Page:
Key research provider: Nursery & Garden Industry Australia

What was it all about? This investment supported the communication of levy-related activities to growers at the 2018 Nursery Garden Industry National Conference & Exhibition, held in Hobart from February 19-21 this year. At the time of writing, a conference wrap-up and recaps of learnings from the event were being readied for distribution in industry channels. Information and presentations from the event are also expected to be available here in the near future.

You can also check out videos from the conference via the industry’s YouTube channel.

Building the resilience and on-farm biosecurity capacity of the Australian production nursery industry

Status: Ongoing project

Key research provider: The Queensland Department of Agriculture and Fisheries

What’s it all about? Beginning in 2016, this project aims to enhance the biosecurity preparedness of the Australian nursery industry. It builds on earlier project Plant health, biosecurity, risk management and capacity building for the nursery industry (NY11001) and is developing new contingency plans and producing new and updated information growers.

What’s the latest update? Key project activities continue to include…

  • Production of content and imagery for the industry’s Pest Identification Tool (, to make diagnostic identifications more financially viable for production nurseries. During 2017, the project team provided 15 new species records, including basic biological information and symptom images for inclusion in the PestID tool. An additional 175 images were also added to the database.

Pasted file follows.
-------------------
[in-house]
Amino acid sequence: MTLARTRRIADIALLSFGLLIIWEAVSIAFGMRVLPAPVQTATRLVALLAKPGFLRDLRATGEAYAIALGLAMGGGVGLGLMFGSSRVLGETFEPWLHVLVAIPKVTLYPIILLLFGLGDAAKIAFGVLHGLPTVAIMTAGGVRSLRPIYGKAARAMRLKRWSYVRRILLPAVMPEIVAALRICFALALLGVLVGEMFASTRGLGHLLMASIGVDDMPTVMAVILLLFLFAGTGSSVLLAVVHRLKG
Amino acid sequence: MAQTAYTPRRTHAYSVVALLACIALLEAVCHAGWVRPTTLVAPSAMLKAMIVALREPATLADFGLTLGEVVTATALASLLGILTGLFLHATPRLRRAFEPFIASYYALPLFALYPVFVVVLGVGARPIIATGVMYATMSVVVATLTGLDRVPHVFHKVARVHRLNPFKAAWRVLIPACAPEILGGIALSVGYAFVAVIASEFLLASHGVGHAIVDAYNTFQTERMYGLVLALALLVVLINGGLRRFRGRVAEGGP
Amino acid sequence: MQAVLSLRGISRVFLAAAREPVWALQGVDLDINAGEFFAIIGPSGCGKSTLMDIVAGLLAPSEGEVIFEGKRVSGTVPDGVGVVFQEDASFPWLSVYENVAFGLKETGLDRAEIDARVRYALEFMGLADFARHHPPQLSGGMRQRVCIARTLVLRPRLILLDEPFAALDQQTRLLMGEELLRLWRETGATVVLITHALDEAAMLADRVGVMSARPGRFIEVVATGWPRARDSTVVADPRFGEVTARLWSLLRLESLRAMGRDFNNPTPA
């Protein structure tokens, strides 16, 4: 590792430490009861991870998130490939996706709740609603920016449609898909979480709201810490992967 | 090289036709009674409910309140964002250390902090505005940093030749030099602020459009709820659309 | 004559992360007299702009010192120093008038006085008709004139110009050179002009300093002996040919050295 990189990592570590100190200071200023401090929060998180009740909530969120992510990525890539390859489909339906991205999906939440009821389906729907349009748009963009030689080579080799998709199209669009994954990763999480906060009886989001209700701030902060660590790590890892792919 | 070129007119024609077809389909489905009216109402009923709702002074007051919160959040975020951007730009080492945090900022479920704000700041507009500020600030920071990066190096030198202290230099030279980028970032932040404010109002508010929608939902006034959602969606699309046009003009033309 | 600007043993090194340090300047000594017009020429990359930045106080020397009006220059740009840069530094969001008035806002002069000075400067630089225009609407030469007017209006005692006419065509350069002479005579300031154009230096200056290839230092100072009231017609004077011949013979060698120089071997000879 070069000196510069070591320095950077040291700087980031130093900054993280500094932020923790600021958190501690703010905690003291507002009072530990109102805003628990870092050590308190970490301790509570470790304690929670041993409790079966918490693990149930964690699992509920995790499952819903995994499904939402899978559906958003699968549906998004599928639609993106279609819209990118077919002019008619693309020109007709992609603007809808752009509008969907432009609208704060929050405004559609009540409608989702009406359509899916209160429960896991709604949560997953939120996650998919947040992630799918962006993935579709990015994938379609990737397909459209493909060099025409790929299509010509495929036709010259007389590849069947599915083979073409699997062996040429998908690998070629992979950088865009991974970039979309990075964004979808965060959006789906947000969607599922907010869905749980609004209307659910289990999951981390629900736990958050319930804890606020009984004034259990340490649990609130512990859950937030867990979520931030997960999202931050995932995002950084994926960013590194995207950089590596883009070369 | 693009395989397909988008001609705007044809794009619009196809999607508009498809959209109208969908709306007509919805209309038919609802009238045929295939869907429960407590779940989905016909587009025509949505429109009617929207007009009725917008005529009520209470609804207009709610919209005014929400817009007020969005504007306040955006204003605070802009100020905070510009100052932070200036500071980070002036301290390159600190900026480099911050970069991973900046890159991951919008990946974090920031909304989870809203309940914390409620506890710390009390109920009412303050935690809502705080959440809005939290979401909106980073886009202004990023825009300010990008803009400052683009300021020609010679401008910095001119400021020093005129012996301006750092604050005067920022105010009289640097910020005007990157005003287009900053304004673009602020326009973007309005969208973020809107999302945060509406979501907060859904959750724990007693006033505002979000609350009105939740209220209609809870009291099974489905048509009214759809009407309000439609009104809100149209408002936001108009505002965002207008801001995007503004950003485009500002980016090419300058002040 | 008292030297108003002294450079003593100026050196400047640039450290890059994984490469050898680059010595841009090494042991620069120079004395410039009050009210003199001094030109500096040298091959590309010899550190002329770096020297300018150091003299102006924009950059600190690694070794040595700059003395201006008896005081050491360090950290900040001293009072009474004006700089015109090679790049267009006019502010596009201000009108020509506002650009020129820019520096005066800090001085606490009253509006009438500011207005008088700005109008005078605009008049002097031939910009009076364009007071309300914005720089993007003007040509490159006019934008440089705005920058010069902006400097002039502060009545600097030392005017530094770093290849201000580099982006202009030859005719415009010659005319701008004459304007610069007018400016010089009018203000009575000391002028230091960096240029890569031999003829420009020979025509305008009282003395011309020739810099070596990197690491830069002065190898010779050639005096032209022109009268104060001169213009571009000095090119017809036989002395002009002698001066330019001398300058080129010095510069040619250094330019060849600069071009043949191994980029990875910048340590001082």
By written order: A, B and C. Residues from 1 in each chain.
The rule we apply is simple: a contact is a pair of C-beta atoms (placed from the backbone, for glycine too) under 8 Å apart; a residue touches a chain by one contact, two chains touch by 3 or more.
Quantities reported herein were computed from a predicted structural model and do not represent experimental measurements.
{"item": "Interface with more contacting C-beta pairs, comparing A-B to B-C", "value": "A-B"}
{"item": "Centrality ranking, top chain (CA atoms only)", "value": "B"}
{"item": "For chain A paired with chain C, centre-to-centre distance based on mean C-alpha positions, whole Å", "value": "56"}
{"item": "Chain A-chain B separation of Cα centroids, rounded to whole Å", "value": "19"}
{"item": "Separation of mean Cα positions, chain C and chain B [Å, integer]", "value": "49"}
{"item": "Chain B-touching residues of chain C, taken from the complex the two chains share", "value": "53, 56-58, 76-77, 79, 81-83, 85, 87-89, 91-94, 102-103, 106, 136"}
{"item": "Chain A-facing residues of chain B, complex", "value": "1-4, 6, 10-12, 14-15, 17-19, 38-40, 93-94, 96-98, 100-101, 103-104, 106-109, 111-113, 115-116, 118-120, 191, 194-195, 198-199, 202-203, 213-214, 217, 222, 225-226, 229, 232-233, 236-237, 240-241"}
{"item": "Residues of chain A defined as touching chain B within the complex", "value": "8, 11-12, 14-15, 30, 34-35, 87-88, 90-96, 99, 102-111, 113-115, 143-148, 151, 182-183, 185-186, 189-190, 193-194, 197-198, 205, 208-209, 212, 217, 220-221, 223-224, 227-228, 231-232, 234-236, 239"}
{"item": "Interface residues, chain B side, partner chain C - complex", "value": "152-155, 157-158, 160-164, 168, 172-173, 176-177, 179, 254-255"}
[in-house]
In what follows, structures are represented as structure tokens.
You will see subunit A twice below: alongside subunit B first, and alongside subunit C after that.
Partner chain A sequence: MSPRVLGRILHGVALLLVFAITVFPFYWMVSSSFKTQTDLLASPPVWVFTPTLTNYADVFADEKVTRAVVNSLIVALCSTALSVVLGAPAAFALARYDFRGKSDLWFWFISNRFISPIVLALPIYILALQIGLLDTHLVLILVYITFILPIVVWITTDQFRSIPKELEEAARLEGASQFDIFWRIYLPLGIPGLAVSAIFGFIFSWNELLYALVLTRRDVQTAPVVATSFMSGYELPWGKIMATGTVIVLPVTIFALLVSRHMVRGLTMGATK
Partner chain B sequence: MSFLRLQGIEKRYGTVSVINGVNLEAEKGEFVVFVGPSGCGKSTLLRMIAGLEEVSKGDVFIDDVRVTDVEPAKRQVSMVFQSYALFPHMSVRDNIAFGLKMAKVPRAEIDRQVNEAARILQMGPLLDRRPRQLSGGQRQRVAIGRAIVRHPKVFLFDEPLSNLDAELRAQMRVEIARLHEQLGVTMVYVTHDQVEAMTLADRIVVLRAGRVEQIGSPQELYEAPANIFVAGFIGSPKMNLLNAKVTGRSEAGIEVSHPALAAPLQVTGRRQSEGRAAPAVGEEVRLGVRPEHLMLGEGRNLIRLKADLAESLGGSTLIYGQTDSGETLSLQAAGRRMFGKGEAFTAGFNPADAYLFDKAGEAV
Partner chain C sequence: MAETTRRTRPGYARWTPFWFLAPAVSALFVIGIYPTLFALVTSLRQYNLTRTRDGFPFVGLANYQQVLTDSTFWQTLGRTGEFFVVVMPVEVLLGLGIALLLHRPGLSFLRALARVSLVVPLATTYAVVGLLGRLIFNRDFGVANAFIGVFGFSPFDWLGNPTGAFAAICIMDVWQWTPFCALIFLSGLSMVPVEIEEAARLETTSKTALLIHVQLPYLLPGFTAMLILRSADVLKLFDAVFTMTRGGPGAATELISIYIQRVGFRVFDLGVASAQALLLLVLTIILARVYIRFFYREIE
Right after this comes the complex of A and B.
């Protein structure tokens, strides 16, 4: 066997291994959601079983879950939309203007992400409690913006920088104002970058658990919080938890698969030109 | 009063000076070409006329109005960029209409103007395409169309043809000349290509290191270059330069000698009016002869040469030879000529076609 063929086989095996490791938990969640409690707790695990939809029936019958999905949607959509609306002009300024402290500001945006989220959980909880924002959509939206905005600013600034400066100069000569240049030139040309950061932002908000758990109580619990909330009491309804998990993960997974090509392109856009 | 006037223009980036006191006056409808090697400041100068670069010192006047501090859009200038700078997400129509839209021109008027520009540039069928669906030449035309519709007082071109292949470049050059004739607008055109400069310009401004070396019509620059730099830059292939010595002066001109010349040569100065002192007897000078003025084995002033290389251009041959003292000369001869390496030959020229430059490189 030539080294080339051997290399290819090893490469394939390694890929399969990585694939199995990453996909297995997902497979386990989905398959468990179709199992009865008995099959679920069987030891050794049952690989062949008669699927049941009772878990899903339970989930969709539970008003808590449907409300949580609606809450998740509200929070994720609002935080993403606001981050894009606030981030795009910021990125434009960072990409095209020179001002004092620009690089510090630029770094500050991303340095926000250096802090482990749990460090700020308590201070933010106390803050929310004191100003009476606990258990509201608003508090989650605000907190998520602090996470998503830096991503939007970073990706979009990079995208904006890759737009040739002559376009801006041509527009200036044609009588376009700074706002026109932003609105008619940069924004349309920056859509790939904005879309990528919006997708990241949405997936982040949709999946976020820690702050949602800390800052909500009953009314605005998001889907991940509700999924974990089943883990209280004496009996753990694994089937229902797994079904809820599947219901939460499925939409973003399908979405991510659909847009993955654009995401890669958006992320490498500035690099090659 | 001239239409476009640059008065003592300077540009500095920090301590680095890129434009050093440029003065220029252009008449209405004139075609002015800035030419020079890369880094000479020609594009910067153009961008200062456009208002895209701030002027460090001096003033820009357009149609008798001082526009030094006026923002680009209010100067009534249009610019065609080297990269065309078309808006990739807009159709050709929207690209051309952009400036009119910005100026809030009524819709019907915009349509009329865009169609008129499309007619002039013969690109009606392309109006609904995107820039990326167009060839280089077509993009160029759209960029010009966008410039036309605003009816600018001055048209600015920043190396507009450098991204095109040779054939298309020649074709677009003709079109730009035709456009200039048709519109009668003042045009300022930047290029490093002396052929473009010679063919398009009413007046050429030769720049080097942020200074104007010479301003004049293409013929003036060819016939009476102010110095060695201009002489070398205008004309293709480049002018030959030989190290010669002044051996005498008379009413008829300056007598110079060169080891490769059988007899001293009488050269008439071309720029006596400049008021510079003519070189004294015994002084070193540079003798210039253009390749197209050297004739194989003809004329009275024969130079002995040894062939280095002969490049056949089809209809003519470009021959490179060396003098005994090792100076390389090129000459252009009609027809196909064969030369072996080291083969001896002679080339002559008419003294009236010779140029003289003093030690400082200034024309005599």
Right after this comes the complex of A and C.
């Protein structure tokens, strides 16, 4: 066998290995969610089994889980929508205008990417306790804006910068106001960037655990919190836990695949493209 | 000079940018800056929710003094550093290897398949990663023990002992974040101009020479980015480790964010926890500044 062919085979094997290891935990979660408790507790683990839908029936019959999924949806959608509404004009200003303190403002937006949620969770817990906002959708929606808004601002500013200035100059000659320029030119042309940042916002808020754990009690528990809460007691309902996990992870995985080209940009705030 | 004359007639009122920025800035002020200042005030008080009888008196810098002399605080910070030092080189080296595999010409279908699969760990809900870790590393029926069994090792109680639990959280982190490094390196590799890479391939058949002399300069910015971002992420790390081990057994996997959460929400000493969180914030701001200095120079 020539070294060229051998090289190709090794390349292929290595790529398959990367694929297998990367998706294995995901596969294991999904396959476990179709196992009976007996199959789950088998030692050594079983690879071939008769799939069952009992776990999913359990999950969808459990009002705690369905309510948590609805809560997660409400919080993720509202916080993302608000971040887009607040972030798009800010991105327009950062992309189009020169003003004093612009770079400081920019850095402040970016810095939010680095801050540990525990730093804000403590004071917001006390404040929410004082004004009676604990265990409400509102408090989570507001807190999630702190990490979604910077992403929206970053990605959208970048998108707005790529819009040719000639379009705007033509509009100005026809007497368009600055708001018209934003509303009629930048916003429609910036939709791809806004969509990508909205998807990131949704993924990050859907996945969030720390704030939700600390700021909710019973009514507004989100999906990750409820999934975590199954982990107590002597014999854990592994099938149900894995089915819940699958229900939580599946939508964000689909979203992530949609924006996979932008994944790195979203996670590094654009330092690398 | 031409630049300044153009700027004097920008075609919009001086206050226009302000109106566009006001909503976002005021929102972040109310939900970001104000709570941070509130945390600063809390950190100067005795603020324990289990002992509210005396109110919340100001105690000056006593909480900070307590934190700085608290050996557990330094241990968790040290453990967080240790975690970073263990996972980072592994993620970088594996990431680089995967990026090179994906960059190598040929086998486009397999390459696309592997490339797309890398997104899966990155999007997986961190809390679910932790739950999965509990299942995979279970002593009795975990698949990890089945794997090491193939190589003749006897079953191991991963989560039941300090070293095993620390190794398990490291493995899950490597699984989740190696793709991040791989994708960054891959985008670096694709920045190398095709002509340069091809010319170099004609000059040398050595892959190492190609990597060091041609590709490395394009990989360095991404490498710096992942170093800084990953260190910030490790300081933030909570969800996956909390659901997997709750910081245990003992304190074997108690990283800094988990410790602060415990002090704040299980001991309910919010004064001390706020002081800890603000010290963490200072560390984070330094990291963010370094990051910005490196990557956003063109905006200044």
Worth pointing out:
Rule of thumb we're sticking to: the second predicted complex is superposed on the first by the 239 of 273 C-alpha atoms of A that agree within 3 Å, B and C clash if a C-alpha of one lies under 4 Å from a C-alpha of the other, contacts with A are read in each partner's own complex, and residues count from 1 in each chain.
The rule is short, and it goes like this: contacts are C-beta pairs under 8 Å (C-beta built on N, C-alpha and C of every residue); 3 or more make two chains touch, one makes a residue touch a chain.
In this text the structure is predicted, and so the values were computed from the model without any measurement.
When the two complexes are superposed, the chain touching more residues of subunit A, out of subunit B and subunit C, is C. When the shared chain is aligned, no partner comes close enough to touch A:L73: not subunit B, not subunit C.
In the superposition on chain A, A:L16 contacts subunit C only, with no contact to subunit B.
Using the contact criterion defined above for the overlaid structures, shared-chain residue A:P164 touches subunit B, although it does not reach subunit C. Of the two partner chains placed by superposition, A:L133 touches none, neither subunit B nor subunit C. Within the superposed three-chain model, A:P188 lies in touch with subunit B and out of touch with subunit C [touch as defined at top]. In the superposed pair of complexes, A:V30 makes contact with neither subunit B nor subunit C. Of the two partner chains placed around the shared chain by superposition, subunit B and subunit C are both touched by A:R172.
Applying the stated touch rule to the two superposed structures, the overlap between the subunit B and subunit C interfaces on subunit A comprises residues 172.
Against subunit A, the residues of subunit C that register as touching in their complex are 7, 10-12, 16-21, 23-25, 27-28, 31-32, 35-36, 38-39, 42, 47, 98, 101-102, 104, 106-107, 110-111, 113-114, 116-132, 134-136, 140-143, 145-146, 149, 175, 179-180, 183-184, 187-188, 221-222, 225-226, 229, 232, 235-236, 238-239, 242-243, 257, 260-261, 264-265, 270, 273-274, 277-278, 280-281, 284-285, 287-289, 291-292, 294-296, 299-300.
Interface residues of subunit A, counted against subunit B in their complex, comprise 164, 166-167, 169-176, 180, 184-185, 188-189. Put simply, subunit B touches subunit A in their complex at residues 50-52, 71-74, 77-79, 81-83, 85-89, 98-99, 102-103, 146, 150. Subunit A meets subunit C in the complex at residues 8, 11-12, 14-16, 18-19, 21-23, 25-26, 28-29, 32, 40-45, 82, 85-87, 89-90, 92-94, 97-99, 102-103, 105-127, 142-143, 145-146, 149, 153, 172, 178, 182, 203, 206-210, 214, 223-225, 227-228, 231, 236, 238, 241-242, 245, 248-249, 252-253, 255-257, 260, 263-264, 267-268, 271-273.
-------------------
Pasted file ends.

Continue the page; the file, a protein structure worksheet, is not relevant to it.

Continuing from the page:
• Delivery of biosecurity-focused webinars, as well as workshops in all states and territories.
  • Development and updating of grower resources including pest management plans, fact sheets and contingency plans (check out the ‘act now’ section below).
  • Diagnostics, with samples submitted for analysis by pest and disease diagnostic service Grow Help Australia. During 2017, more than 270 nursery samples were received for testing.

This year, as requested by industry, an additional element of the project will be a biosecurity simulation exercise relating to Xylella fastidiosa, to be delivered by Plant Health Australia.


There are plenty of project resources to access and implement…

  • Look out for Nursery Papers relating to the project, including this one on endophytic fungi and why they are an important biosecurity concern.

Keep an eye out for other resources currently in production, and remember that you can access all fact sheets produced by past and current projects here.

National Nursery Industry Biosecurity Program